One strategy is to directly compete with the Chinese products. There are some people who don’t necessarily feel they need high-end products so it is worth to compete with them. Of course, we are the winners if we are talking about high-quality products. However, that is not enough, we want to include everything. For example, with the expansion joints, the average product lifespan for Chinese products is two years, whereas a Japanese product is 20 years. We even want to compete on the products that will break down in two months. Expanding along the lines of different quality is something important our company has to think about.
Moreover, with the NEUTEX, newly established joint-company in Malaysia and Indonesia, right now we are dealing with the gaskets, valves and the neighboring parts. In these markets the competition is very high. Therefore, we combined with three different companies so NEUTEX can provide three different types of products. For example, we can provide gaskets and valves. However, Chinese companies can only provide one.
Additionally, a very unique part of NEUTEX is that we are selling the knowledge of maintenance. This service is much appreciated. For example, PETRONAS in Malaysia has a very large generator facility. At this facility the head engineer has been training and explaining for over a year. Basically, it allows for the variety of needs customers have to be provided. This is the key to its success. NEUTEX is not just a trader; it is a “UNION” of manufacturers. We can supply all of the information and technology as a manufacturer.
Japan is suffering from an ageing demographic. As a result of this, there is a labor shortage in Japan. How can Japanese companies use Artificial Intelligence (A.I) to combat this issue?
People believe that by 2045 A.I. will surpass the ability of what humans can do. Therefore, to ready ourselves for that, we have to have factories where there is room for robots and humans to work. Within ten years we will have to have factories where one third is robot sized. Here at Neuron we are already working on this. Consequently, this foresight means we will be able to beat out the competition in Korea and China.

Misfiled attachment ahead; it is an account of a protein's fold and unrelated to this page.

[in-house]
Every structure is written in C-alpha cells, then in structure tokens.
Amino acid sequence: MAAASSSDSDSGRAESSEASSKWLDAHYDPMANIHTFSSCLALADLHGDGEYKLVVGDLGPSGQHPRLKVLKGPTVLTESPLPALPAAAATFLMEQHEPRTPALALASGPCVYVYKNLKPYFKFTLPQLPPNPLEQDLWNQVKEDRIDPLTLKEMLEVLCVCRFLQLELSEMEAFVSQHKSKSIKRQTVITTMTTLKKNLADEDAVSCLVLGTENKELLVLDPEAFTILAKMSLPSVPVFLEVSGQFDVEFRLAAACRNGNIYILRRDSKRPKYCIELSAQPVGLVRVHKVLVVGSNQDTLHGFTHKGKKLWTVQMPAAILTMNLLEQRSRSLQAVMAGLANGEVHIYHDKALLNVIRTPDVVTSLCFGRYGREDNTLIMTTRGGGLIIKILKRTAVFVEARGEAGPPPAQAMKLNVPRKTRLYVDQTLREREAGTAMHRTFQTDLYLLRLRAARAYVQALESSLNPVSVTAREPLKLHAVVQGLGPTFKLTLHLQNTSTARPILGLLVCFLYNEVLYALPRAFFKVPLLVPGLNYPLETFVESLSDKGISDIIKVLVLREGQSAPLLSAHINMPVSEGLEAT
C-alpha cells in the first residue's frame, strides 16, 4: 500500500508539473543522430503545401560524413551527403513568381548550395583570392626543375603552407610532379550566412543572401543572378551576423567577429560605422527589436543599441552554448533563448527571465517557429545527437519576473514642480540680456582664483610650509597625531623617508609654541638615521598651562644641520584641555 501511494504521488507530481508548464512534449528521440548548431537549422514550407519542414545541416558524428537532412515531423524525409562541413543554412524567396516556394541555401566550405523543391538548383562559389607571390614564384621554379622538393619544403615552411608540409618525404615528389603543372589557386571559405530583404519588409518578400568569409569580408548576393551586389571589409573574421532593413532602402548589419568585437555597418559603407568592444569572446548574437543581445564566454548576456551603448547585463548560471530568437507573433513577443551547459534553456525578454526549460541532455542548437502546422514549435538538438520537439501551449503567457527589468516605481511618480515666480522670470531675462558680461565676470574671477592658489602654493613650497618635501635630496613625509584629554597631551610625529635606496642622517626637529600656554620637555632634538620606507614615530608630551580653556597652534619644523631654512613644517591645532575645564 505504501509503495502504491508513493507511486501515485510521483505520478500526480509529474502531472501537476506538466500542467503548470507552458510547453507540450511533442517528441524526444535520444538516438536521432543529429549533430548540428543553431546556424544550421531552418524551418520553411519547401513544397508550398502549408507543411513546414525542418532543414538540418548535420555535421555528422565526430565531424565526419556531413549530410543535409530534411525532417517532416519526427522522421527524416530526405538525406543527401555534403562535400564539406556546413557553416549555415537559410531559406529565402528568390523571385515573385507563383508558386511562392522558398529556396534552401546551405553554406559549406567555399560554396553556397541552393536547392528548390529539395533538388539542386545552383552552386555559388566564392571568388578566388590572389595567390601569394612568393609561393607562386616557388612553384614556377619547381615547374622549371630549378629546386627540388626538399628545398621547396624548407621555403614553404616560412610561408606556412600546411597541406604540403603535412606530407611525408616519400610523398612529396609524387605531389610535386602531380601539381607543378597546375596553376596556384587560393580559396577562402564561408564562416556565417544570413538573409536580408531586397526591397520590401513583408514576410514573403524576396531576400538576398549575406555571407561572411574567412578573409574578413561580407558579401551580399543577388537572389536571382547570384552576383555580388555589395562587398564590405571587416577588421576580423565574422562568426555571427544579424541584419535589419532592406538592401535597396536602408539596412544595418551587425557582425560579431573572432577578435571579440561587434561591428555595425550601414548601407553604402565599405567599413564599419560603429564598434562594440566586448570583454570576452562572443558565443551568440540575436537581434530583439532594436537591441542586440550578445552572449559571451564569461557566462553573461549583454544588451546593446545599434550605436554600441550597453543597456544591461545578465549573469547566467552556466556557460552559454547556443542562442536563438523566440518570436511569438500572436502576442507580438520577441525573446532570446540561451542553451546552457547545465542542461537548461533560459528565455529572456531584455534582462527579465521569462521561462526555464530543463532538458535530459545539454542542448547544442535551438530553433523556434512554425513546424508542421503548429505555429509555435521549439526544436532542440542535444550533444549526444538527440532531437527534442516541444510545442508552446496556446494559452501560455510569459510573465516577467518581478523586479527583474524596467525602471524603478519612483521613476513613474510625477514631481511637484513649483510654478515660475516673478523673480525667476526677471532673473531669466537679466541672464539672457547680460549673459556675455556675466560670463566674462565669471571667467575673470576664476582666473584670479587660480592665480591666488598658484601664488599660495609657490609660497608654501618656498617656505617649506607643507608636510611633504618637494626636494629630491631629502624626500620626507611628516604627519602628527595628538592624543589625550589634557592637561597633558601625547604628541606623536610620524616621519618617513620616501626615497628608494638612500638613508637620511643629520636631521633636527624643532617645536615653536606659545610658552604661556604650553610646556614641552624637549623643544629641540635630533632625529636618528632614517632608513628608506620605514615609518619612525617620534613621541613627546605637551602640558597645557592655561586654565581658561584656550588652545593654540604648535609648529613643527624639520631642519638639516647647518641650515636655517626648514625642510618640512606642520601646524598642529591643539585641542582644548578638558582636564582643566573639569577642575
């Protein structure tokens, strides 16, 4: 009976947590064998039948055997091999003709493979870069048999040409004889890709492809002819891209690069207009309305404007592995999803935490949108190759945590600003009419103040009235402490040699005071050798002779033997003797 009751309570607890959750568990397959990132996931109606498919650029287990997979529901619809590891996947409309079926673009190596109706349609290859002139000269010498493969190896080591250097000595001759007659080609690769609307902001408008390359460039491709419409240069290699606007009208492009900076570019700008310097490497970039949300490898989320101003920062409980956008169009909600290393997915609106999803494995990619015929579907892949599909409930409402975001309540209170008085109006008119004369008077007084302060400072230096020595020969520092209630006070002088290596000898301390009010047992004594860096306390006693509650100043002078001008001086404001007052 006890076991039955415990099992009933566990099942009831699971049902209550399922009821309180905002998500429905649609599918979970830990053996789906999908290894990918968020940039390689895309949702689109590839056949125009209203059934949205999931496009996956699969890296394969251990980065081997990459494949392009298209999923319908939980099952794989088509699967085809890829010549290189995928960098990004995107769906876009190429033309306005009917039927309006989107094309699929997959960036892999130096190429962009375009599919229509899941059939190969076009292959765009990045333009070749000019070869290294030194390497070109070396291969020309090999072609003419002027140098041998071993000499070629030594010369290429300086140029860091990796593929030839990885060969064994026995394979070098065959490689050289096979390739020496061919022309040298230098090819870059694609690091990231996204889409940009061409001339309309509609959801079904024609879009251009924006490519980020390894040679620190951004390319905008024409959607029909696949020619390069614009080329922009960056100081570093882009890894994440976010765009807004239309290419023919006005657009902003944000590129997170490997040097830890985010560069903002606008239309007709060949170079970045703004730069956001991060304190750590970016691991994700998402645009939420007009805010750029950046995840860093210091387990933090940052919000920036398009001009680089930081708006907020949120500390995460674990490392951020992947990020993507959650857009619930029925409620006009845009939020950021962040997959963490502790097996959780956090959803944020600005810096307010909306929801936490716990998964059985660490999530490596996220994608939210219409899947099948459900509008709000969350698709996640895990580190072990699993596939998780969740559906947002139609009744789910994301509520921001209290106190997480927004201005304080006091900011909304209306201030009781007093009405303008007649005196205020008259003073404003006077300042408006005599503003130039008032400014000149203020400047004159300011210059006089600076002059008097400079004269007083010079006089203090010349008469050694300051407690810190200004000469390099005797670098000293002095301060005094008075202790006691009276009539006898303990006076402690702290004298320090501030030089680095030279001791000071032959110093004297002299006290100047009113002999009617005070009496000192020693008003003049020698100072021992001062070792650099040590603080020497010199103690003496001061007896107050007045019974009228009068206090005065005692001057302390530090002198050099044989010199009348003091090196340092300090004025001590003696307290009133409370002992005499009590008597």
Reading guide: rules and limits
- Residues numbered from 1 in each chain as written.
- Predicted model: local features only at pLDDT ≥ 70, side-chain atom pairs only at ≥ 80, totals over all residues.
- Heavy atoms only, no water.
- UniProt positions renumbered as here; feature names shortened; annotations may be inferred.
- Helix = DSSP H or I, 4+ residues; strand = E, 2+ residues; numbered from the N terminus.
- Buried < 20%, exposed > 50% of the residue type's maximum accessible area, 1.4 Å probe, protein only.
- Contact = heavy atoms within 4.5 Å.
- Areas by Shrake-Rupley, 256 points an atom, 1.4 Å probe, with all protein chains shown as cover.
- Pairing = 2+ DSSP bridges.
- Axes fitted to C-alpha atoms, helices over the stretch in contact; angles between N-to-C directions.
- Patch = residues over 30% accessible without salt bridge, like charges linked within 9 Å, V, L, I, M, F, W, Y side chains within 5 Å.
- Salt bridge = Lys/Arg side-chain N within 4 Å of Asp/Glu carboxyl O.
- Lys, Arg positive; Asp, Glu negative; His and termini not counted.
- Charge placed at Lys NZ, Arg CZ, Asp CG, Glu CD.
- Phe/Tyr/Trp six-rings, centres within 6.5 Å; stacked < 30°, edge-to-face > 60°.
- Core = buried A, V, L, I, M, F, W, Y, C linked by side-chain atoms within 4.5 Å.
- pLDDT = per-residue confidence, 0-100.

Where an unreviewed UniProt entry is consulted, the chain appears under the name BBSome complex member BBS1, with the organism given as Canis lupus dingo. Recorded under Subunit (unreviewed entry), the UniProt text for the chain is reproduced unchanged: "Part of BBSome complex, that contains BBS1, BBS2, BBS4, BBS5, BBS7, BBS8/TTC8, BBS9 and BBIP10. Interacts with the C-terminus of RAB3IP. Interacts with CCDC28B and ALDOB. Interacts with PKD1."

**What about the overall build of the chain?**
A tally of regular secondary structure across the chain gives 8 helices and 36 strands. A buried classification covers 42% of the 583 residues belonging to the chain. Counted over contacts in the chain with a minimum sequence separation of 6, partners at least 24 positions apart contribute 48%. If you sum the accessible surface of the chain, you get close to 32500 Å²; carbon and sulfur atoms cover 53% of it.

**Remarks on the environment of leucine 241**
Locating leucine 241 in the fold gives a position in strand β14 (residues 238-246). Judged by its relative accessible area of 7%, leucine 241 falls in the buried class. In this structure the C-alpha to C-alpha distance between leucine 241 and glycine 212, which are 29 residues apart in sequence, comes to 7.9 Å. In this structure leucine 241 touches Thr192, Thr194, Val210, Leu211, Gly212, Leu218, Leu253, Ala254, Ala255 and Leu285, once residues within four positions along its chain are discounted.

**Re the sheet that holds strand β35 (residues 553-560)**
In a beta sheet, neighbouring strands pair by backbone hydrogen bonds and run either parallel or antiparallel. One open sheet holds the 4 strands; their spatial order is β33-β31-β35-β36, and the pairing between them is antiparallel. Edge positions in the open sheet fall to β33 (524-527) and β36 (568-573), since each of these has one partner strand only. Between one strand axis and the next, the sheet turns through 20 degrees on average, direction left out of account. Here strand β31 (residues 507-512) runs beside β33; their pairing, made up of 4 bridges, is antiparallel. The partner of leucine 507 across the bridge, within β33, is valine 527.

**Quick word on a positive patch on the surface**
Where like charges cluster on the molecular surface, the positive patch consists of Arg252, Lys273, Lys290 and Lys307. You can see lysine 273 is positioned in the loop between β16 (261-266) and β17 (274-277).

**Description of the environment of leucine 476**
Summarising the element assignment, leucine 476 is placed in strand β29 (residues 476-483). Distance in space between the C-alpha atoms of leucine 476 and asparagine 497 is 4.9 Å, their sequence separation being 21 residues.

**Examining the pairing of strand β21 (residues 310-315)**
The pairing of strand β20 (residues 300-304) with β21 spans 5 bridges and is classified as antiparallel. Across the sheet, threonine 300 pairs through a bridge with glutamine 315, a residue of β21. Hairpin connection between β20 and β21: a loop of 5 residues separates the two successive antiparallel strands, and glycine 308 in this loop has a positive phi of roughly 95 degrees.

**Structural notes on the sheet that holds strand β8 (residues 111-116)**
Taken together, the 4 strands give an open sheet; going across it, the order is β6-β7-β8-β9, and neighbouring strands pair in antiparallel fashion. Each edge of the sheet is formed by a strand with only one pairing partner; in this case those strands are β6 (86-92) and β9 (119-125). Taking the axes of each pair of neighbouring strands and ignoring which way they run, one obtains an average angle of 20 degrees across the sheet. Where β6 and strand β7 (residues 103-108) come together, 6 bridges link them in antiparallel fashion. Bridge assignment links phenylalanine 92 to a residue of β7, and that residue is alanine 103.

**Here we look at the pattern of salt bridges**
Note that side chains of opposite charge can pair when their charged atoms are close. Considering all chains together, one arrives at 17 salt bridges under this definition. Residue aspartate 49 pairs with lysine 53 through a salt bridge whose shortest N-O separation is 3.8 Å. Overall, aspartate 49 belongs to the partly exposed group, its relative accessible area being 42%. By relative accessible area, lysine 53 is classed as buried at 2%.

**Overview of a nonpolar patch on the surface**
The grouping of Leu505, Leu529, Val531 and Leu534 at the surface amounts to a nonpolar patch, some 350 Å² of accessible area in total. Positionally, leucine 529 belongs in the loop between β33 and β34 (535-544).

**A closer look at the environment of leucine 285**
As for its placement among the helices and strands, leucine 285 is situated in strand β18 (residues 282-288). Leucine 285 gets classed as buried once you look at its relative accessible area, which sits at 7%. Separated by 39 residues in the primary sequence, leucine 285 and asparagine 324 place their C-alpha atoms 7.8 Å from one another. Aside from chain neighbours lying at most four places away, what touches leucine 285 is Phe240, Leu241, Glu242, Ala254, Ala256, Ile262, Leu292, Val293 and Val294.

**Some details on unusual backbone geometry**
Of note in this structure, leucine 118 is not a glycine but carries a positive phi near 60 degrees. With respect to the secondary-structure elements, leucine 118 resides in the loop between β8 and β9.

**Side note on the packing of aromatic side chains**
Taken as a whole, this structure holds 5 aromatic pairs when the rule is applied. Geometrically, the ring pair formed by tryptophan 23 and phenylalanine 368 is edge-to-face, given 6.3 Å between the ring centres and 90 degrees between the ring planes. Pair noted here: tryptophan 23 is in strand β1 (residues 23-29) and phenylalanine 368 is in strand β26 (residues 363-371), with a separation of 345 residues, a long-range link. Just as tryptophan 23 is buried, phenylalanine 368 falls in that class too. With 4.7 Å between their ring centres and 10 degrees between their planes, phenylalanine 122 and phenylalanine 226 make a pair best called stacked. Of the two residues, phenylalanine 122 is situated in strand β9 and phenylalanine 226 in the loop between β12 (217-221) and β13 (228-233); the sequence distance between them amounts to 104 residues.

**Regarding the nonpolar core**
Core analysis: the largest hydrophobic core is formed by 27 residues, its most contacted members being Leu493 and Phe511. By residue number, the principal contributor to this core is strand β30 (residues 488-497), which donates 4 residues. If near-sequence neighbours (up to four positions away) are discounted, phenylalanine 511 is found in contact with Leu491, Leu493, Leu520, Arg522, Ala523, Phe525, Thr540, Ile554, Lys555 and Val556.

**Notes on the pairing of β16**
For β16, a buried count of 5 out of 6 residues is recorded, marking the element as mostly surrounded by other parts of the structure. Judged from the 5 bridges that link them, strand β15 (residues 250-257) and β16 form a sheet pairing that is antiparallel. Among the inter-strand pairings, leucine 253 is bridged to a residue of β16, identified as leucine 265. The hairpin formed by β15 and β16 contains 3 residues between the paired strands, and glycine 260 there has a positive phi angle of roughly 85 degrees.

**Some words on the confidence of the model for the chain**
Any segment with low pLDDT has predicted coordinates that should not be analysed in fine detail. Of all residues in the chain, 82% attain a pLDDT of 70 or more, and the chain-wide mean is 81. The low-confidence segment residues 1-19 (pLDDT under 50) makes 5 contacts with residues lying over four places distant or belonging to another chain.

Furthermore, we recently talked to the top engineer at IBM who worked on the ‘Watson’ project. He said that one thing this engine has difficulty with is data concerning the worker welder. We don’t know who is going to be the pioneer in this field first. However, I’m hoping it is going to be Neuron.
Additionally, the introduction of robots will allow humans to focus on creativity. If robots are doing the monotonous activities, it frees up time for humans. For the 2017 International Robot Exhibition we are taking four worker welders with us, not designers, actual worker welders. We have asked them to think about how robots could reduce their working time by 20% in the next three years. If we are able to do this, it will be revolutionary.
What developments and objectives would you like to see in 15 years time?
My first prediction is that one of my three daughters will be the president of this company. My second is that one of my nephews is going to be vice president. Also, in the future I would like to have a non-family employee become president. Finally, we currently have a business entity called Neuron holdings. We are expecting to see that branching out into 5 different companies, such as “Plant Neuron” and “Aqua Neuron”.